J. spotted this one way before anyone and we were quick to respond. And so it happened that I was standing on Köpenicker Str. in the early hours of the evening, waiting to be let into Tresor. Einstürzende Neubauten, Wire, and the Caspar Brötzmann Massaker were going to play a free gig for the benefit of a TV recording.
The management of this part of the evening was atrocious. A large crowd of people had assembled on the pavement and only a few people at a time were let through the gates. This meant that a lot of pushing ensued and for a moment I felt like giving up and abandoning the concert as my evening entertainment. But it was too late. There was no getting back, with the crowd pushing from behind. By the time I was finally through the gate, having nearly been trampled, and my name had been checked off a list, I wasn't in the mood for a show.
But my mind changed quickly. The building with its bare industrial feel is quite magical. I'm not much of a techno club goer, you may have guessed by now, so I didn't know Tresor and its interior. Very nice indeed. We grabbed a drink and tried to position ourselves well in the gig area. Now this was an unusual set up: three stages facing each other in a triangle and the audience in the middle. For the purpose of filming, a camera was zooming back and forth above our heads, held by metal rods. We were told by an instructor that it had never dropped and wouldn't do so this evening either. Good to know.
The format was as follows: each band was to play two short sets (about 2-3 songs each), with some short interviews with the groups inbetween. The presenter was unexpectedly Silke Super, of MotorFM fame. I guess she must have left the station when they changed to FluxFM.
Einstürzende Neubauten started. A word of caution: I am by no means a fan. I recognise the contribution Einstürzende Neubauten have made to music and I appreciate their aim to combine art, poetry and music. But I find their records pretty much unlistenable. And I know what I'm talking about; I used to live with someone who had an EN tattoo. No kidding.
But I was sufficiently impressed this night. Blixa Bargeld looked old but still sang beautifully and overall, the group performed as if the 80s had never ended. Their self-made industrial instruments were amazing to watch and perfectly placed in the factory setting that we were in. And I guess they must have played their most digestible songs, because I enjoyed the music too, to my own surprise.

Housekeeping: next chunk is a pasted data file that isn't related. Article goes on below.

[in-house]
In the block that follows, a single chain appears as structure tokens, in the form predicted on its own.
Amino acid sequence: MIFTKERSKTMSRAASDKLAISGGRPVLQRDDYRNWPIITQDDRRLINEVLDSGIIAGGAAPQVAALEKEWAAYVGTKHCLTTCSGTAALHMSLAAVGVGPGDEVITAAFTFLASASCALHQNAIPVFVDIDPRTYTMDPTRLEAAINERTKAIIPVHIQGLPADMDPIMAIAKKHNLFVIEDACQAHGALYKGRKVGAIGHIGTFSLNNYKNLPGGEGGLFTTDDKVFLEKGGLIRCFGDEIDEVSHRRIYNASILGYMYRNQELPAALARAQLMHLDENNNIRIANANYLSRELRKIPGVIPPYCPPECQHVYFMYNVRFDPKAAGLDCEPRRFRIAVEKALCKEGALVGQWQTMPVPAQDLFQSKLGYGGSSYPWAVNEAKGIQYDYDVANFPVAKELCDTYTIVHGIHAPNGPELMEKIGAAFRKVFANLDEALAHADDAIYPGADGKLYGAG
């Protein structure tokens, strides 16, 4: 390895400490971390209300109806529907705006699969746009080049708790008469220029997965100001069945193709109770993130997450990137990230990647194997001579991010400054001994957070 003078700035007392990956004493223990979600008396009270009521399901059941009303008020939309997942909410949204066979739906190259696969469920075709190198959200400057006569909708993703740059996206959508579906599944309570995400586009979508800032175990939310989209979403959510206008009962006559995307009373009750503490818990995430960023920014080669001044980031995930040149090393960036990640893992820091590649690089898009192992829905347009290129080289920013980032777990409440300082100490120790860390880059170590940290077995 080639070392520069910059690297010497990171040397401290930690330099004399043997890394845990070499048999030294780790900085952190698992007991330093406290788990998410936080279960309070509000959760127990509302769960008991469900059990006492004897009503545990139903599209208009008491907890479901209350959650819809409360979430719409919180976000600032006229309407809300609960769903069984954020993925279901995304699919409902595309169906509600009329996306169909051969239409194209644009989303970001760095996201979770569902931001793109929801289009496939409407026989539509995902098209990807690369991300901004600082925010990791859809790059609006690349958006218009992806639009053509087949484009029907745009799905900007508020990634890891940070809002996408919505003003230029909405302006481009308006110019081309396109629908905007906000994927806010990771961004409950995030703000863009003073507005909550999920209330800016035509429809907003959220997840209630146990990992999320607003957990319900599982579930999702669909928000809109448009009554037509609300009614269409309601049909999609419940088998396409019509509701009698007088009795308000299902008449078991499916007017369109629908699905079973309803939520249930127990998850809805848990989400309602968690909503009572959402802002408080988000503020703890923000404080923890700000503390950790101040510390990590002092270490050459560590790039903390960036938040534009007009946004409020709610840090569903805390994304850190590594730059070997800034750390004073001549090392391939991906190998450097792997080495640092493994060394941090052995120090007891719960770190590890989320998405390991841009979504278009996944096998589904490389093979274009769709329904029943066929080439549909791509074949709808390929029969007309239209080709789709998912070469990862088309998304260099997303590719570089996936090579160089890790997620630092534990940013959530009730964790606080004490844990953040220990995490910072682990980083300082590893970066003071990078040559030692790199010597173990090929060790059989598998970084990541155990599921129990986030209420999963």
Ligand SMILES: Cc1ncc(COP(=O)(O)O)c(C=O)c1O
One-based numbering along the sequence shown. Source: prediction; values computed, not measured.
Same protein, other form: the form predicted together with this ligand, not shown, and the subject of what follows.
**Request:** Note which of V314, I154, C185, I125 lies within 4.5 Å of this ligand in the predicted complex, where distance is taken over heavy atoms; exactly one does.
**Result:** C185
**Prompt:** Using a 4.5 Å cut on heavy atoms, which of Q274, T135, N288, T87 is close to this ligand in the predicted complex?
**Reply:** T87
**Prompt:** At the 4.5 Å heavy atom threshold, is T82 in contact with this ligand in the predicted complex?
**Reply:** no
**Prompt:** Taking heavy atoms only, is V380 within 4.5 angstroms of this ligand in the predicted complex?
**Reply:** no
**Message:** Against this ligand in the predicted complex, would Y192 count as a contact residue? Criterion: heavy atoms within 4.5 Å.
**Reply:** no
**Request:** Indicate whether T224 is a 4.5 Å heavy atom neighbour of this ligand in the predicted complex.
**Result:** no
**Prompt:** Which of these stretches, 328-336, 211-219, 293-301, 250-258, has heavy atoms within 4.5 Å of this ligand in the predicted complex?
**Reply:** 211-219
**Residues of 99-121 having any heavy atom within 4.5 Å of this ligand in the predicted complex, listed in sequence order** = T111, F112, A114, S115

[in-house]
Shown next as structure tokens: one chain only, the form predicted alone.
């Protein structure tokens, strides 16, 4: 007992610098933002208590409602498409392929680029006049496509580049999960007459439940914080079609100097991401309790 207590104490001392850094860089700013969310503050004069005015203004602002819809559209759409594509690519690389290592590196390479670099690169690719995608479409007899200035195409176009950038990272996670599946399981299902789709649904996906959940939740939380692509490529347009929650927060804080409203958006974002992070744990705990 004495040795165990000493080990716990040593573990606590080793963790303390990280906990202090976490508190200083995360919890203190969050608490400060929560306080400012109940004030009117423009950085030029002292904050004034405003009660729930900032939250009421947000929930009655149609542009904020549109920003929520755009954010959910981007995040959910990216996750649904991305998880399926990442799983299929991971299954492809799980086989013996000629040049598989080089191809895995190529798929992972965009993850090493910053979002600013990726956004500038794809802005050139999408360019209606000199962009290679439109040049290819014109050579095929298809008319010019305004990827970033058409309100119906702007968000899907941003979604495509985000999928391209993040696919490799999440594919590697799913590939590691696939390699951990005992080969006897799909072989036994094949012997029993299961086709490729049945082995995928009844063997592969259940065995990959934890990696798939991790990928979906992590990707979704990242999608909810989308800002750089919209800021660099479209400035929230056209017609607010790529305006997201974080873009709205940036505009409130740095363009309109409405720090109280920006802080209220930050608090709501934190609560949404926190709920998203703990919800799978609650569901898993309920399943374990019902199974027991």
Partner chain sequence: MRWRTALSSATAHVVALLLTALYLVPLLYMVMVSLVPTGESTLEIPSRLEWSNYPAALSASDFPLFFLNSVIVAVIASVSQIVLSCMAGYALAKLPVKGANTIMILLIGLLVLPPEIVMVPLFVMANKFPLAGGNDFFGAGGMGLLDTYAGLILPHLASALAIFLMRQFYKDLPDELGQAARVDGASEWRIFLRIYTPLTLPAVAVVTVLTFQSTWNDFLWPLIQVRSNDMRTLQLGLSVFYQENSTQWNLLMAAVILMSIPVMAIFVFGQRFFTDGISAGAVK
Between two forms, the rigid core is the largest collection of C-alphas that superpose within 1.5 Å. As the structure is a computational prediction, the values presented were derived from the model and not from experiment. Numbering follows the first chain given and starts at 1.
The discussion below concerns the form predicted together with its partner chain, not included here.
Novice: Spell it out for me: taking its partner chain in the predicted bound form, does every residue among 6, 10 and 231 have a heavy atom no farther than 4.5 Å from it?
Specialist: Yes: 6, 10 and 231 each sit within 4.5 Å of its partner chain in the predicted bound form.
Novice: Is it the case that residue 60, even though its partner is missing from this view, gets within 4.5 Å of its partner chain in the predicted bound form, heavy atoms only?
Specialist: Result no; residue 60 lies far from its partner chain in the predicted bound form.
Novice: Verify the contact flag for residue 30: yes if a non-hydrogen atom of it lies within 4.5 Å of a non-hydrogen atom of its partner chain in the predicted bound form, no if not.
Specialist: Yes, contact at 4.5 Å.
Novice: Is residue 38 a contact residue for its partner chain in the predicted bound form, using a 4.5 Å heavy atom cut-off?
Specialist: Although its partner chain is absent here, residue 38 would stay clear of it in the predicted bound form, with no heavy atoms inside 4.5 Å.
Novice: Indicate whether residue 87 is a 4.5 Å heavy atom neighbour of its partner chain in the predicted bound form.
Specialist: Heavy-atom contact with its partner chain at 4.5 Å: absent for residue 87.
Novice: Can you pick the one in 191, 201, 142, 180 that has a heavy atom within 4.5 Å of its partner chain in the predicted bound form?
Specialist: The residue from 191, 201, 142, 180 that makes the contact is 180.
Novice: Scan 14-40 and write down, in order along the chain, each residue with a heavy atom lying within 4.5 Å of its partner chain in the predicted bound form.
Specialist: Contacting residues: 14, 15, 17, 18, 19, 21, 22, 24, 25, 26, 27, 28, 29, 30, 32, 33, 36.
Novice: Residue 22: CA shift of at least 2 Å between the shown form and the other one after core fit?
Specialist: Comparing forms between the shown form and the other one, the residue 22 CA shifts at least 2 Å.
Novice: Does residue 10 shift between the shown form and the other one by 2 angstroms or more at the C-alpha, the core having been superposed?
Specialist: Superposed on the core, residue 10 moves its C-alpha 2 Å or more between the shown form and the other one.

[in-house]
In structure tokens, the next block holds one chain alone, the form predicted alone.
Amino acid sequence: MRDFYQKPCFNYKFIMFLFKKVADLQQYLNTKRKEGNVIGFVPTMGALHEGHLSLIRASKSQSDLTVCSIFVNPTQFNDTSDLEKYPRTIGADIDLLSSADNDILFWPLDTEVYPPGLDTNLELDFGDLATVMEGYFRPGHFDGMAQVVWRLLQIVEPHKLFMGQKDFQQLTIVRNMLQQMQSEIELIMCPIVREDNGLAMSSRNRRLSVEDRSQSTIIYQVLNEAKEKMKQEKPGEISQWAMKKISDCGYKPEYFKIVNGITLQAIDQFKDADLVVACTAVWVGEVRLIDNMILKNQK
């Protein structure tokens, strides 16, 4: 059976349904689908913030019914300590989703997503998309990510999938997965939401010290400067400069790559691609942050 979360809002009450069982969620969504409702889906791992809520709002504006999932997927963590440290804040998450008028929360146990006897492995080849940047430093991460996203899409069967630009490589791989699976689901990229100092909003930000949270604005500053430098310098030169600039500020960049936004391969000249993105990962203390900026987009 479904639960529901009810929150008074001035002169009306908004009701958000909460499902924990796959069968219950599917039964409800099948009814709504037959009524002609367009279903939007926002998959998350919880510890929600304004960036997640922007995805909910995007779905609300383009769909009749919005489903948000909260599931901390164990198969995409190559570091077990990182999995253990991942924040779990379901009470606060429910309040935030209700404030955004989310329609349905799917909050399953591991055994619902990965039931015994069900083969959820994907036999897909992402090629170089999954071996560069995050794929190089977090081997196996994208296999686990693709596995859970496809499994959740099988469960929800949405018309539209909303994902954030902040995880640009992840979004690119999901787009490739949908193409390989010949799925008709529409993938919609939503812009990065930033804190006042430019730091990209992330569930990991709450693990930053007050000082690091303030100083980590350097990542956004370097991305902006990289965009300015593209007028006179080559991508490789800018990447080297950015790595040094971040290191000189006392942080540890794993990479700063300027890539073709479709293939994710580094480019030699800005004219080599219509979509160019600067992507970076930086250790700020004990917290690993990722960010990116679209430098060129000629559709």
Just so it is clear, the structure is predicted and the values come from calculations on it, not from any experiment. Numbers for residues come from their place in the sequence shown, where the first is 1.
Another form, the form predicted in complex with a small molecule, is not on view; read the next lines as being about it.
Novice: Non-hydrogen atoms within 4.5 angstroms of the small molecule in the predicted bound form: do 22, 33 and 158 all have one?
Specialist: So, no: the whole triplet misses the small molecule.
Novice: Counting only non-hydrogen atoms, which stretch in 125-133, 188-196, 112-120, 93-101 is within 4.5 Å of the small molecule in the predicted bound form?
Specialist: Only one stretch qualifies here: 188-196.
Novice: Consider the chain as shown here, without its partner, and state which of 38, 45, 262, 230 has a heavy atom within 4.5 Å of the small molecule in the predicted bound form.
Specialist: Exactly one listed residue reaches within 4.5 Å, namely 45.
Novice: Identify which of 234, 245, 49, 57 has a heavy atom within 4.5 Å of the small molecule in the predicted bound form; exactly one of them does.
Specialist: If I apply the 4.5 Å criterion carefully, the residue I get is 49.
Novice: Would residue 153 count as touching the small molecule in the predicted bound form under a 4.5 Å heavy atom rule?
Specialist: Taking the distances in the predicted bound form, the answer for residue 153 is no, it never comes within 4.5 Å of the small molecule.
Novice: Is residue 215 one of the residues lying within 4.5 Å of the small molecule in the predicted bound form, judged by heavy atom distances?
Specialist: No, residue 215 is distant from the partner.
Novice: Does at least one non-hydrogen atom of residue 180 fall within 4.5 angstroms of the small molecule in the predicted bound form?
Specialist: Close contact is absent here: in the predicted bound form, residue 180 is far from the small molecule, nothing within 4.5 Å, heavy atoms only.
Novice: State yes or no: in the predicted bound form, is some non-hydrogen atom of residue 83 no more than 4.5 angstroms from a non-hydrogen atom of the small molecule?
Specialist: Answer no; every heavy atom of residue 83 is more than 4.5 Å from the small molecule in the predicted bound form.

The interview Silke Super was attempting with Blixa Bargeld didn't go so well. In fact, Mr Bargeld was unnecessarily rude to the poor woman, who was just trying to do her job. I know it's his image but this was over the top and no fun to watch. I was glad when more music followed.
The next group, Caspar Brötzmann Massaker, seemed to have brought along some die-hard fans who were rocking out hard, but couldn't convince me. It was like combining hippie guitar solo stuff with industrial music. Sounds great? Well, it wasn't for me. But it could be good in the right setting for the right people. Presumably, it is.
We made sure to position ourselves appropriately for Wire. At least for me, this was the highlight of the evening. I had missed them at Berlin Festival (and now I wish I hadn't) and I was going to make the most out of this one. And what can I say? They were really good. I'm assuming that you are either familiar with Wire or are going to research this right now. It's basic music lover's knowledge. But basically, Wire have set the precedence for so many bands that would follow after them. And I felt that they really lived up to that without being pretentious. I was ever so impressed by how good they were and how well they'd aged. A great performance.
To end the event, all three bands played a song together, originally by Einstürzende Neubauten. By that point, the format of the program really reminded me of Later with Jools Holland, a British live music TV show that I can recommend to any music fan. And fair enough, why should Germany not have its own Later with...